Jyoti Basu in his reach to the world went far beyond the party he built and loved. He not only touched the lives of millions but by his pioneering leadership he changed their lives giving the poor confidence and dignity. He has left us grieving and bereft, because there never ever will be a person like him again.

Condolence message from Chief Minister of West Bengal

We are deeply saddened by the death of our revered leader Jyoti Basu. Known as living legend, he was respected by all sections of the people both home and abroad. He had been at the forefront of the communist movement since the beginning of the 1940. He played a very significant role in organizing the left and democratic movement all over the country. His role in the formation of the Left Front Government in West Bengal is well known. He led the Left Front Government for consecutive five terms. He was our guardian. In his death the country has lost a great leader and the left and democratic movement in the country has received a severe blow. He will be ever remembered for his contribution to the country.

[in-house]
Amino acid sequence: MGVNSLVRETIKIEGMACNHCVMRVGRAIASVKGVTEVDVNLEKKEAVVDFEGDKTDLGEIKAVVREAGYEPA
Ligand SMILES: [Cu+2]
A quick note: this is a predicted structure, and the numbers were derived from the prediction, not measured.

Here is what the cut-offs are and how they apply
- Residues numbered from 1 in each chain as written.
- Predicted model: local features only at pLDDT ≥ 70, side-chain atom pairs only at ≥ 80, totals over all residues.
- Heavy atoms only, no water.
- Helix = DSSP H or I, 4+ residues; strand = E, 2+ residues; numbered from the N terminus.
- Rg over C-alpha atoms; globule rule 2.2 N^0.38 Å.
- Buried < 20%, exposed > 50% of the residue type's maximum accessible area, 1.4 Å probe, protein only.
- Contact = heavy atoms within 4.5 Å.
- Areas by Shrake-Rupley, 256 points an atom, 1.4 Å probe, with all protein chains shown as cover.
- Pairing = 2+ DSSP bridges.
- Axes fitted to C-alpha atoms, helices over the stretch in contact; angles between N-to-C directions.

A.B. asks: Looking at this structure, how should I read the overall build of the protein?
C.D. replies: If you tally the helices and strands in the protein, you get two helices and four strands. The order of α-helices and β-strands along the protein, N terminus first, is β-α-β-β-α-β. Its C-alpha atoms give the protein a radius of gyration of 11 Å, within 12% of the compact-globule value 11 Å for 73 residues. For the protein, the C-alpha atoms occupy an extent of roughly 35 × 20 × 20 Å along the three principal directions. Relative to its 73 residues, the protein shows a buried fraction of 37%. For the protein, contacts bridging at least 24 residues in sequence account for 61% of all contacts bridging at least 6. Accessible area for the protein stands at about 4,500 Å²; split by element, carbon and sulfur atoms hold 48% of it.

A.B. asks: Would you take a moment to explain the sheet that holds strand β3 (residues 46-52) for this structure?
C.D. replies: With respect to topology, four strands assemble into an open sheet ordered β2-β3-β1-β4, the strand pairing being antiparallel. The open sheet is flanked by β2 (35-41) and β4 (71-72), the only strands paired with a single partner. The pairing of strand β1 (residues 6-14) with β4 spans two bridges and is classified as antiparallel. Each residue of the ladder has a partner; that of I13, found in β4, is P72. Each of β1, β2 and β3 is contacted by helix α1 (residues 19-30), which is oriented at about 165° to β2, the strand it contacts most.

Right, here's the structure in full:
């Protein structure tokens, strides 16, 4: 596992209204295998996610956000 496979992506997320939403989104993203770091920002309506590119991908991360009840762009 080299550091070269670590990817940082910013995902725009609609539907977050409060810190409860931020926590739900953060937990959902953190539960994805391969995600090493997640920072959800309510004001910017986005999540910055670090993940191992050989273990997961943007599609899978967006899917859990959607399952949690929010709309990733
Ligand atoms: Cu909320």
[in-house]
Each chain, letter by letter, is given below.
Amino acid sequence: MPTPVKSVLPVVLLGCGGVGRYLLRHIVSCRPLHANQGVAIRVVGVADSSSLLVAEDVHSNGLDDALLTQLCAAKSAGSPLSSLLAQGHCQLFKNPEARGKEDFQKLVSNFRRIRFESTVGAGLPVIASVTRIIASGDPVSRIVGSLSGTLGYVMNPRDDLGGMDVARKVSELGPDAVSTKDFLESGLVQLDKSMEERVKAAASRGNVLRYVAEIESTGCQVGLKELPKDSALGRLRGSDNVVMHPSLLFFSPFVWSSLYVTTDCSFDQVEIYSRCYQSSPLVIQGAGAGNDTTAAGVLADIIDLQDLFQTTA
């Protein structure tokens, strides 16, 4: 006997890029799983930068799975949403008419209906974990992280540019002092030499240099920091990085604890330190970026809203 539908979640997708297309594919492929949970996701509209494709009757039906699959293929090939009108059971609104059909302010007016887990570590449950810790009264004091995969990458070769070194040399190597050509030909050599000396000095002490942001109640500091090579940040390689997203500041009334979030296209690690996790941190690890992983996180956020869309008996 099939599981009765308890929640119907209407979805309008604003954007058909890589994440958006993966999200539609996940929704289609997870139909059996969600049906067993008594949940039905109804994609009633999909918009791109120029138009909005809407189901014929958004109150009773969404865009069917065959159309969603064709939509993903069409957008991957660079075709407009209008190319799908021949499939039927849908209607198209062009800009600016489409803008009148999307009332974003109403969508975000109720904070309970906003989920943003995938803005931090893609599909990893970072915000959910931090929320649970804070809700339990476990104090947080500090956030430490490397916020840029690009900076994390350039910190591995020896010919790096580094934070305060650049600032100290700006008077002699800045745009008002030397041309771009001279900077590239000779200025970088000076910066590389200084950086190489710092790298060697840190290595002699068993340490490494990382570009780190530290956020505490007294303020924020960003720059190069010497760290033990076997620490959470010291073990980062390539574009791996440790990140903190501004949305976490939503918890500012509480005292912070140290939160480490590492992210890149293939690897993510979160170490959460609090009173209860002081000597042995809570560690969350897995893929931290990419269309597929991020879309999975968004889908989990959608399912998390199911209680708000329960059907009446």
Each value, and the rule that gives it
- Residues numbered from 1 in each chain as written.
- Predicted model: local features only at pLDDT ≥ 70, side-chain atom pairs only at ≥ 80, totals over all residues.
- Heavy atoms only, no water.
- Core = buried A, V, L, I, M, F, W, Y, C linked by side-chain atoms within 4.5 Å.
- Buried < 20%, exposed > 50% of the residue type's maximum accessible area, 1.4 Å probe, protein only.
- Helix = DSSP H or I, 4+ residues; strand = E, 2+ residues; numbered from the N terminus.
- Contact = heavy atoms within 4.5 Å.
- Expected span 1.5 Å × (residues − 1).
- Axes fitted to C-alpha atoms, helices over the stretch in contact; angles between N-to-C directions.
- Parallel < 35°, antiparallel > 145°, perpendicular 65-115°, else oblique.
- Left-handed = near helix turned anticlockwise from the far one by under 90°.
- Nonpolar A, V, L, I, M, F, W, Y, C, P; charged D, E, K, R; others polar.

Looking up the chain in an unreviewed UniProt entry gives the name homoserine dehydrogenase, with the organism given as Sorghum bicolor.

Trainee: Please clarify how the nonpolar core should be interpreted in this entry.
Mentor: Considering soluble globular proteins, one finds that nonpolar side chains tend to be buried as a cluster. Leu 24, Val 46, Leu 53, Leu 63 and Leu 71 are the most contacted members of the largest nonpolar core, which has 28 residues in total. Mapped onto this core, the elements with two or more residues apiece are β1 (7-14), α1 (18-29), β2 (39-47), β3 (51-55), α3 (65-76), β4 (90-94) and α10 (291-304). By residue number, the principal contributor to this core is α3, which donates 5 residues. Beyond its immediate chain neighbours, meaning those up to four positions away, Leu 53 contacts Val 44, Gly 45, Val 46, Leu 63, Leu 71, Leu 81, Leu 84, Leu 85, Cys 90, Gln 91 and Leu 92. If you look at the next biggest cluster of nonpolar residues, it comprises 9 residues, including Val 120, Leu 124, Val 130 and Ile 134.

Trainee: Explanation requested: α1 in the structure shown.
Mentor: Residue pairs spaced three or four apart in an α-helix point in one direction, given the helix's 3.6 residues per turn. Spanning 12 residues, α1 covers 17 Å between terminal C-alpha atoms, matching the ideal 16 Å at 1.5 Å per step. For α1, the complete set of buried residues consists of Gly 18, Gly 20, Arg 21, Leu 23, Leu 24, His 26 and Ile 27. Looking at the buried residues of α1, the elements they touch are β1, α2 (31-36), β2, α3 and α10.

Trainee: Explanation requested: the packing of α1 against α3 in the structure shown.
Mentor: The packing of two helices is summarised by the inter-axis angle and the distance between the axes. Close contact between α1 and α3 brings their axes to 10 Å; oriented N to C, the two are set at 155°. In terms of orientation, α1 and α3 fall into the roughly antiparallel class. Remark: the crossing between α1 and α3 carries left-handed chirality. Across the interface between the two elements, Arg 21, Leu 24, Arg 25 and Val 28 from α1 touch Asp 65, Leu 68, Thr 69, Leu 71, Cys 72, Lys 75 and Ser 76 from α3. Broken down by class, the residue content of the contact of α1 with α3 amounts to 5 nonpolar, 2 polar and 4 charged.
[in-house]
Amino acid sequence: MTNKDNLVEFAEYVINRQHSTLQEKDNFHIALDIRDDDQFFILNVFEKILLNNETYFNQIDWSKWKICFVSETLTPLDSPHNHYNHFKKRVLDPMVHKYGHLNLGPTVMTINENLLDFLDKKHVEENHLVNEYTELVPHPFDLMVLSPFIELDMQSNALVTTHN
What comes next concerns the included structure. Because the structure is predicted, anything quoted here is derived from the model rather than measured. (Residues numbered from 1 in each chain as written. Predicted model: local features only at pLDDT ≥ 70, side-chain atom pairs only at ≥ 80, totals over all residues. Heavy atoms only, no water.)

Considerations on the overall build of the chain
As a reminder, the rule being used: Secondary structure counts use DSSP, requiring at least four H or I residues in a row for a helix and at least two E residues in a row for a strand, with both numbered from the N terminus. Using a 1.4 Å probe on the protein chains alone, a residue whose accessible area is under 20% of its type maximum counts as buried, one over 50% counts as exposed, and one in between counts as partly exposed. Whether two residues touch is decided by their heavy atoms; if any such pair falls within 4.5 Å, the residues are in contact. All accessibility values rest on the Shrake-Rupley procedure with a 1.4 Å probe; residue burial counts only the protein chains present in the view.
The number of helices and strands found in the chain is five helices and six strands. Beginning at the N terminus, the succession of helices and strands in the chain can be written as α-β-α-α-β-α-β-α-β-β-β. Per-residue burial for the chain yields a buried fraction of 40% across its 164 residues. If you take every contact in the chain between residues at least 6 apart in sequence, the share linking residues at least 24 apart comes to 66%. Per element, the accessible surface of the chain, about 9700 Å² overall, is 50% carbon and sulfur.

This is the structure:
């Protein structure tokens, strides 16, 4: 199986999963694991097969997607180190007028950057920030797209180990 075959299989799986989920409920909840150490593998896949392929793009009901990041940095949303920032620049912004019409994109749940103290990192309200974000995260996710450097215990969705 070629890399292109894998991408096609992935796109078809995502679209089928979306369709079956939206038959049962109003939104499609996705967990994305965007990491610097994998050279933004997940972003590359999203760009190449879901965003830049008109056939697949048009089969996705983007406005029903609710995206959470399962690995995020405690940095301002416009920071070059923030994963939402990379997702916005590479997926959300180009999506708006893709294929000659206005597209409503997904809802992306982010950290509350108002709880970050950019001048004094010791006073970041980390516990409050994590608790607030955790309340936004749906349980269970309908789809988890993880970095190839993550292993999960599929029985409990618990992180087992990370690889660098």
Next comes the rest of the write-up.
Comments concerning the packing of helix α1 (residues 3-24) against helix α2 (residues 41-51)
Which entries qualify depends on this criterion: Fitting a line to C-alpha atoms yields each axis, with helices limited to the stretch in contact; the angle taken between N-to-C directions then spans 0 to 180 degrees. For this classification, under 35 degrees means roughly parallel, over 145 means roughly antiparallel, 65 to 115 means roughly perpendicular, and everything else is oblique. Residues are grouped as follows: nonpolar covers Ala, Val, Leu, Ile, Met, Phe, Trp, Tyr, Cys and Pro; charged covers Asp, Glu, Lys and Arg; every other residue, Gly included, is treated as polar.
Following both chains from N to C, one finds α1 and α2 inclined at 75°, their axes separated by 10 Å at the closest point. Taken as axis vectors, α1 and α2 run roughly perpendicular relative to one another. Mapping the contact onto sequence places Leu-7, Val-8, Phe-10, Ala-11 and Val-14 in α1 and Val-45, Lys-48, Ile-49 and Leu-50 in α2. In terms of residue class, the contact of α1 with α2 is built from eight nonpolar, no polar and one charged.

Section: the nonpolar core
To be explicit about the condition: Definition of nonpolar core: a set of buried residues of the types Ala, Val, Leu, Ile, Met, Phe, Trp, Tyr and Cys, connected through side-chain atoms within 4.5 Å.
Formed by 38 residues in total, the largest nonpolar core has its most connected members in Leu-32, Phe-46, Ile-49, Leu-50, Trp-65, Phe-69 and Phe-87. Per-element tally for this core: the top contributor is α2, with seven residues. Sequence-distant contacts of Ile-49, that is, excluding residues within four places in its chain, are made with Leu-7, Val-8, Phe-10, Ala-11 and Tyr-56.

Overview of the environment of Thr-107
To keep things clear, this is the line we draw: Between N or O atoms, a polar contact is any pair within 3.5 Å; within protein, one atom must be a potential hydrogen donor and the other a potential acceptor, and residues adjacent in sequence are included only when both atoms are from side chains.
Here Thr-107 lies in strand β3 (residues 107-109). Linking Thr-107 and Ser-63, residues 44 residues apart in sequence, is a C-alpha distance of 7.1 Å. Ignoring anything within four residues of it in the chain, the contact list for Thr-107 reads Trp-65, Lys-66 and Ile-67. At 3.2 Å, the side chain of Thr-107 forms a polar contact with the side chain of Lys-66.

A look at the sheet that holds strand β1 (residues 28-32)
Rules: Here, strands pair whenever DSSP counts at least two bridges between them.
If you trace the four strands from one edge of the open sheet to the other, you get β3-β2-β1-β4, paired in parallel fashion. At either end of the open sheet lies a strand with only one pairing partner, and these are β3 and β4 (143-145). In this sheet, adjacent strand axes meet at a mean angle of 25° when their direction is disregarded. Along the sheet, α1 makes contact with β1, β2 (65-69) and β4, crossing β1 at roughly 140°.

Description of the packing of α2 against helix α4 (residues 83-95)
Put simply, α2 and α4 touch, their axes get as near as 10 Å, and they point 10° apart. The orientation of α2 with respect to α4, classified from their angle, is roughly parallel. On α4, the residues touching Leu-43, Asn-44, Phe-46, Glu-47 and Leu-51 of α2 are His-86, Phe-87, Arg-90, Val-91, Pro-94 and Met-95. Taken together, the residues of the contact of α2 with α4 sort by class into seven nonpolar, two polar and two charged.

Sunday, January 17, 2010